Following my arrival in Retjons in 1968, I discovered the site of Lugaut and fell under its spell.
From that moment forward, I devoted nearly all of my vacations to clearing brush and making the chapel accessible. At one point in this time, I received a novel machine from a friend of mine in the U.S., it was called, a "weed wacker". This triangular cutting tool worked more like a chainsaw, and was not very practical to tackle bramble bushes. Between the weight of this machine, its vibrations and especially its exposed exhaust (which seemed intent on sticking to my arm and burning it) I quickly resumed the old method, billhook and saw.
In 1969, we hosted a group of individuals from the government who specialize in historical buildings under the supervision of Mr. Kefélian,who was assisted by a researcher at the C.N.R.S. I believe his name was Jean-Claude. Leaving home, we needed half an hour to reach Lugaut through the forest.
Once inside, we cleared the nave of vegetation. To recover the original paving, we started to strip the soil of the remnants of vegetation, examining and sifting each shovelful- at this rate, it would have taken us years. Often, we stayed late into the night, stargazing. It was during one of these evenings, we finally "peeked" inside the choir and partially cleared a slab which had a peripheral groove. Having already seen this kind of slab before, Jean-Claude explained it could be the base of a sarcophagus, and that the peripheral groove was used by pilgrims to recover a few drops of the clear juice as a relic.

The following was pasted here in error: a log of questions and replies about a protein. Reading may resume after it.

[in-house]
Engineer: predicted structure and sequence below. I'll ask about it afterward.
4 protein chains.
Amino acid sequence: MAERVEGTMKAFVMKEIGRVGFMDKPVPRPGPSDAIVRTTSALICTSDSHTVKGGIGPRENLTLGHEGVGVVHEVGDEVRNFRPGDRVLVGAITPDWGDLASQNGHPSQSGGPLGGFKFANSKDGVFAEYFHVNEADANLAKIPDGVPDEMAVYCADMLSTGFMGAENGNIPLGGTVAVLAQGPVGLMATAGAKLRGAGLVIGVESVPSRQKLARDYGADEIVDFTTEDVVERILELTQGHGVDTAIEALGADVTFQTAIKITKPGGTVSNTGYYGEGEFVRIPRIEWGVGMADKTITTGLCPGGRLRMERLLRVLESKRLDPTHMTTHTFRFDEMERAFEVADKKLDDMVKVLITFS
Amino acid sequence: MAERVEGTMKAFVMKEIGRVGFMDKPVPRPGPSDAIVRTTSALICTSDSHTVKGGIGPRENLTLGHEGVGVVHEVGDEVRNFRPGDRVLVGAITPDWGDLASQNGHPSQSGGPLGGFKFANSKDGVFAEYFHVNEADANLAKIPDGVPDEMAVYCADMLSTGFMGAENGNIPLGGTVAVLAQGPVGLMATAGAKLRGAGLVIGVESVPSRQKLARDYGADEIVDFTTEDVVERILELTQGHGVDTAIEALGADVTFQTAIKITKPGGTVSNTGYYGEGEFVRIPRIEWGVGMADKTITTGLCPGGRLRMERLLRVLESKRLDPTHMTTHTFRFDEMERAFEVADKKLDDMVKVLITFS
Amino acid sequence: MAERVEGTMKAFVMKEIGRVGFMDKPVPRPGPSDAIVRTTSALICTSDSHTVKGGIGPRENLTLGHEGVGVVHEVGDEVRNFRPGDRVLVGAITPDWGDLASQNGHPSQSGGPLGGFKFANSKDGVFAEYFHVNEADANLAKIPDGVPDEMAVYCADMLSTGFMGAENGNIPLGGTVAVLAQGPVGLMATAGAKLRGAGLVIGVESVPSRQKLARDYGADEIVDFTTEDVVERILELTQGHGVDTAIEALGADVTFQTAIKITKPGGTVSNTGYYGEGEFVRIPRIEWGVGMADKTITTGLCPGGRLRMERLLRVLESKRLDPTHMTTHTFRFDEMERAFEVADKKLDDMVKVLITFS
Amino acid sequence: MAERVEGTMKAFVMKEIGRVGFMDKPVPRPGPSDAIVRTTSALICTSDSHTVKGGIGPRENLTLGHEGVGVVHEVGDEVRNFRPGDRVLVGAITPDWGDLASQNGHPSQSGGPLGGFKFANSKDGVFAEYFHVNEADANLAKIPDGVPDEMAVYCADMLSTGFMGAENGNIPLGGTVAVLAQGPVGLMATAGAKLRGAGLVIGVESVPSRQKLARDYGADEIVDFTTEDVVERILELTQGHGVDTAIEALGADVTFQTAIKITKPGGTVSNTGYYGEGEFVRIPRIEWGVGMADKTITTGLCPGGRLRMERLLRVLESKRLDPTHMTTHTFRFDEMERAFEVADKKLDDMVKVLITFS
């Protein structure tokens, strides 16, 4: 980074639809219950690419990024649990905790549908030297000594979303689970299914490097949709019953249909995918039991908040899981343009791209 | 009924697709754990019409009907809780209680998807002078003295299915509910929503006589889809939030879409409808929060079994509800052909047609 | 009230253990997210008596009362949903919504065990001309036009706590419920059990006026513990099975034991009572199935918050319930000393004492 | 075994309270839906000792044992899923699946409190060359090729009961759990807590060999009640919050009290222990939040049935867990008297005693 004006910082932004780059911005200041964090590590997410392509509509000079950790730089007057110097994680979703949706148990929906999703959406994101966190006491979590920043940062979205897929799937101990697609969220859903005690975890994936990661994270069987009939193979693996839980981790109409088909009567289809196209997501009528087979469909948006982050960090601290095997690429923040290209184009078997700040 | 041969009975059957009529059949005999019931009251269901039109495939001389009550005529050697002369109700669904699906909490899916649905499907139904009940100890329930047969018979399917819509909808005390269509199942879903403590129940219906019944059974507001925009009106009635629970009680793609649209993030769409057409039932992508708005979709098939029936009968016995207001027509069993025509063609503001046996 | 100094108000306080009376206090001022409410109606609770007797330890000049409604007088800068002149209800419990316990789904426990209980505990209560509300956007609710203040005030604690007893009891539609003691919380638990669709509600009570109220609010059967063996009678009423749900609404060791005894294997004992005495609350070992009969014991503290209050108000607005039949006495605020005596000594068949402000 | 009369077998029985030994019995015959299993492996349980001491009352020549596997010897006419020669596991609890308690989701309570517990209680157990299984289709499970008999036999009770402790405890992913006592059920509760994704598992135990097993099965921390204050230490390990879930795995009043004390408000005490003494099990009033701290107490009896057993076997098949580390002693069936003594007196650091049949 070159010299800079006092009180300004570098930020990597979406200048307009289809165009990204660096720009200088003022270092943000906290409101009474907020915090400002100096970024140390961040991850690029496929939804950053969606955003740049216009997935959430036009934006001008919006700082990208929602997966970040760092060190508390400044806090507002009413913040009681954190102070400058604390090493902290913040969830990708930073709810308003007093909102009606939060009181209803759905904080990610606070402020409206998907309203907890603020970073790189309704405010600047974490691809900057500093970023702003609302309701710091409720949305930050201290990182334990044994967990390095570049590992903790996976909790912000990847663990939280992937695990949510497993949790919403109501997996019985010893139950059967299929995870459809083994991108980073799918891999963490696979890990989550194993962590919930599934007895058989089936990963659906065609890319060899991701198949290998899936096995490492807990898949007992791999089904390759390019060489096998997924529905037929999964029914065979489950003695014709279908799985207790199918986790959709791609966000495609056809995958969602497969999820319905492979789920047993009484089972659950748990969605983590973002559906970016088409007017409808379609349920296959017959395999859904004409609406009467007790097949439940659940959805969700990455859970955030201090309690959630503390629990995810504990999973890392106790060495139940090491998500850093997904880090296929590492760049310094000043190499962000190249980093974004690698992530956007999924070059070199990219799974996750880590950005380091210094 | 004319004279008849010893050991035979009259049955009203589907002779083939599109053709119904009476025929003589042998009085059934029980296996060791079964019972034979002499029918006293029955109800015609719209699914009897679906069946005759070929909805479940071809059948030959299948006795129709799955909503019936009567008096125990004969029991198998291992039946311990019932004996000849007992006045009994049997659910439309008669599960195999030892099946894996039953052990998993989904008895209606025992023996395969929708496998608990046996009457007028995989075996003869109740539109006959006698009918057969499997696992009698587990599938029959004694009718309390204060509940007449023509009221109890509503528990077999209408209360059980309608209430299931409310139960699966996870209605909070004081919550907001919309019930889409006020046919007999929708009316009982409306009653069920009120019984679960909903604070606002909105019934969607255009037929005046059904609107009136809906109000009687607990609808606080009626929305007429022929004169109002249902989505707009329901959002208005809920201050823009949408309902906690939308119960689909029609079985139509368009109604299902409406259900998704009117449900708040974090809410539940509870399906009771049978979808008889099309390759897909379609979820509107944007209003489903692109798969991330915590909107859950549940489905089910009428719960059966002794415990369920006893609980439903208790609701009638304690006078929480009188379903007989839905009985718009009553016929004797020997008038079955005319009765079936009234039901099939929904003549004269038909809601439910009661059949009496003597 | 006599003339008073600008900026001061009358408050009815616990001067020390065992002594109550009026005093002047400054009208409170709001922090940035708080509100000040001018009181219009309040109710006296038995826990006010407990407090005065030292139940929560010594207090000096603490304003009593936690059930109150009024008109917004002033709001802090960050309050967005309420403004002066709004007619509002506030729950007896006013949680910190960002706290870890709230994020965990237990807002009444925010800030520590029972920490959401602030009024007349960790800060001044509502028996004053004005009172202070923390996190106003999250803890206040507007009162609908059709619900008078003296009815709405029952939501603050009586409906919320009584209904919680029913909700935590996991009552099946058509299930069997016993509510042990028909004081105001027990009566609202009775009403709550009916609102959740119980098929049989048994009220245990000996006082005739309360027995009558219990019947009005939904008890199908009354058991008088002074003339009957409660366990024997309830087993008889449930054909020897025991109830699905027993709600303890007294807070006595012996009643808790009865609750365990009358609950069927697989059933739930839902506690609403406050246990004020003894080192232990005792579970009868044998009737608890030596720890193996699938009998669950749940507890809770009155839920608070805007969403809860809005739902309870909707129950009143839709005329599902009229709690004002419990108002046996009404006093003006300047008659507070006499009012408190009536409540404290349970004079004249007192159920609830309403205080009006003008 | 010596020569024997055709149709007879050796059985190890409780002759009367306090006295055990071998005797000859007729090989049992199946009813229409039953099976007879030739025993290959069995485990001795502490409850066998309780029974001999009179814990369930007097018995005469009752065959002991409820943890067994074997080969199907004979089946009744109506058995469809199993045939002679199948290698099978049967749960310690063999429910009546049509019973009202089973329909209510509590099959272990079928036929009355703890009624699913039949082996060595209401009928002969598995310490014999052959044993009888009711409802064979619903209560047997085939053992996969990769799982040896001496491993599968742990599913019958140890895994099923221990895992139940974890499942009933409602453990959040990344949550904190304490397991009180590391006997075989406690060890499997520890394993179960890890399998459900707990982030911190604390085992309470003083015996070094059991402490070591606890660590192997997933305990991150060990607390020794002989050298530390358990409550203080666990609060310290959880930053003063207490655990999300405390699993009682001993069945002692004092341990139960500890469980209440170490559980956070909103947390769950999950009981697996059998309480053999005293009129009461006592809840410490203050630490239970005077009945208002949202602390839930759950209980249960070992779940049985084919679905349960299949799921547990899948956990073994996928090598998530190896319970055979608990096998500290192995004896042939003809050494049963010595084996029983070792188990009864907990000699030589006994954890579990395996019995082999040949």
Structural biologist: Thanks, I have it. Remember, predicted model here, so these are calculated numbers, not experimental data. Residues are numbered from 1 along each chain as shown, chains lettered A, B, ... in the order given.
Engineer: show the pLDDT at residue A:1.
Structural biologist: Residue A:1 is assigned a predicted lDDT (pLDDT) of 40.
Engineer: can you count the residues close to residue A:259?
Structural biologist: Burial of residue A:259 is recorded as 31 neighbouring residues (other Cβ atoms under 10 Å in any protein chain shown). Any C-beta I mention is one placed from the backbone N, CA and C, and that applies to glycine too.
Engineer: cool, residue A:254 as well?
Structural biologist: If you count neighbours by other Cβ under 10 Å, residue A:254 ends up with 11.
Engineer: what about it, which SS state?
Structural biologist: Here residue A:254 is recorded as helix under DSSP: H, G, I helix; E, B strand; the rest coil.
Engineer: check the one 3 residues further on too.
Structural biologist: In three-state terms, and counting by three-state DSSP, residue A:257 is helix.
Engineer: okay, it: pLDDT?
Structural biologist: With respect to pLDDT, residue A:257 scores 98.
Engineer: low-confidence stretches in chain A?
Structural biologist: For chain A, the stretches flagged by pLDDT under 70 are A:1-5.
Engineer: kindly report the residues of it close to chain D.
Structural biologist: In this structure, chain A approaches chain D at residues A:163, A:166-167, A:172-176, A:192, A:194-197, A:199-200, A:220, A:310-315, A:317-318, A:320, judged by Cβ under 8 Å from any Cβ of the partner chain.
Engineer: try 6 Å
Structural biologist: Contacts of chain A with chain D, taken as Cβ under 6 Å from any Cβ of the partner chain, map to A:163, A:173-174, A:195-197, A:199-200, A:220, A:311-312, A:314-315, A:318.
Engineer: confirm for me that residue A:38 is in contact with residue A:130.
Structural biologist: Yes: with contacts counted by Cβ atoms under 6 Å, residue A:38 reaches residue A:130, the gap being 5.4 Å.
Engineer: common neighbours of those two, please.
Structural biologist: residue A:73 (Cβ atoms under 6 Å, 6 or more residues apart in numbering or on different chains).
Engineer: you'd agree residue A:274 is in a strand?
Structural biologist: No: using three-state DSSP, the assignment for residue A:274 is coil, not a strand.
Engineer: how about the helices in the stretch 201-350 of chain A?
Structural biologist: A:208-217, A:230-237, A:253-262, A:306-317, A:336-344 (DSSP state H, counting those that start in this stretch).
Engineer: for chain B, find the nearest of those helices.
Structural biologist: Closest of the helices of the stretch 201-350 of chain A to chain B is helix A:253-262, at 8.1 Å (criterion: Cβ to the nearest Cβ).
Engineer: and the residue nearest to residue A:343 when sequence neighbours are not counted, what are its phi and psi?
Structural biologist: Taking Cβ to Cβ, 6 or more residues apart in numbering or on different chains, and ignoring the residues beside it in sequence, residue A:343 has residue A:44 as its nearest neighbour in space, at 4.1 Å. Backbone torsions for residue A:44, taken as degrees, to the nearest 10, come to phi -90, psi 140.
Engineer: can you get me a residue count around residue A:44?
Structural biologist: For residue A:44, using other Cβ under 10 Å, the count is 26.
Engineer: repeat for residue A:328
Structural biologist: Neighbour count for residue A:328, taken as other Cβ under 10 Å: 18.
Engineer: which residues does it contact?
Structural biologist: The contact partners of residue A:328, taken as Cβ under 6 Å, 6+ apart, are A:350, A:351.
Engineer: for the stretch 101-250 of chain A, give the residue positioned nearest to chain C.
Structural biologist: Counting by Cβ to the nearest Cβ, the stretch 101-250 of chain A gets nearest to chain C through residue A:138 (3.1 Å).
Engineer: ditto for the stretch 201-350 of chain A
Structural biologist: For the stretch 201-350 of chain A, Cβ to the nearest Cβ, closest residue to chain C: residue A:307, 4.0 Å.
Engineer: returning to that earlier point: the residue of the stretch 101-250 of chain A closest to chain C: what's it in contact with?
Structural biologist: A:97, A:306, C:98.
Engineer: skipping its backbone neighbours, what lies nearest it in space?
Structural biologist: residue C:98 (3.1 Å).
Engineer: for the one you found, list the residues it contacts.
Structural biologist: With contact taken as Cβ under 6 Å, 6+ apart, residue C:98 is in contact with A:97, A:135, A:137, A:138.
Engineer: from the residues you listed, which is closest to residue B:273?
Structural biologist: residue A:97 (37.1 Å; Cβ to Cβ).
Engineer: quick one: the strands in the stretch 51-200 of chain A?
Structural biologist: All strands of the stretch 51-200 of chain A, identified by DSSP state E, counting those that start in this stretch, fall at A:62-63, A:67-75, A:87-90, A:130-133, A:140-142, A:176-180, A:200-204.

While the team was busy sifting soil (which did not appeal to me much) I volunteered to help the surveyor, Mr. Cier, and Jean-Claude. While Mr. Cier measured and dictated the numbers, Jean-Claude wrote them and I planted stakes and held the tape measure. We ended up surveying and measuring the entire cemetery and the two meadows below (the second meadow which is near the 25m bridge, is now planted with pines).
As he knew with other chapels, Jean-Claude was almost certain that there was a crypt underneath Lugaut, which would have been used "to access water and put the objects of worship in a safe location in case of attack of vandals". So, we dug along the east wall; at the base of the crack, Jean-Claude noted encouraging signs. However, we lacked time and money and had to reseal the hole.
The following year, I was limited by military obligations and could not participate in excavations, the results of which I never had the chance to know of.
It must be said that at the time, public opinion and the local authorities had little interest (if not hostile) in these old stones and paintings. The rare occasions to ask questions about this seemingly controversial topic, have brought me no good answer.
For a long time I have wanted to collect some testimonies, always pushed back by life events and now some of the witnesses are gone. So even if my research is still in its infancy, I decided to put everything online as it comes in.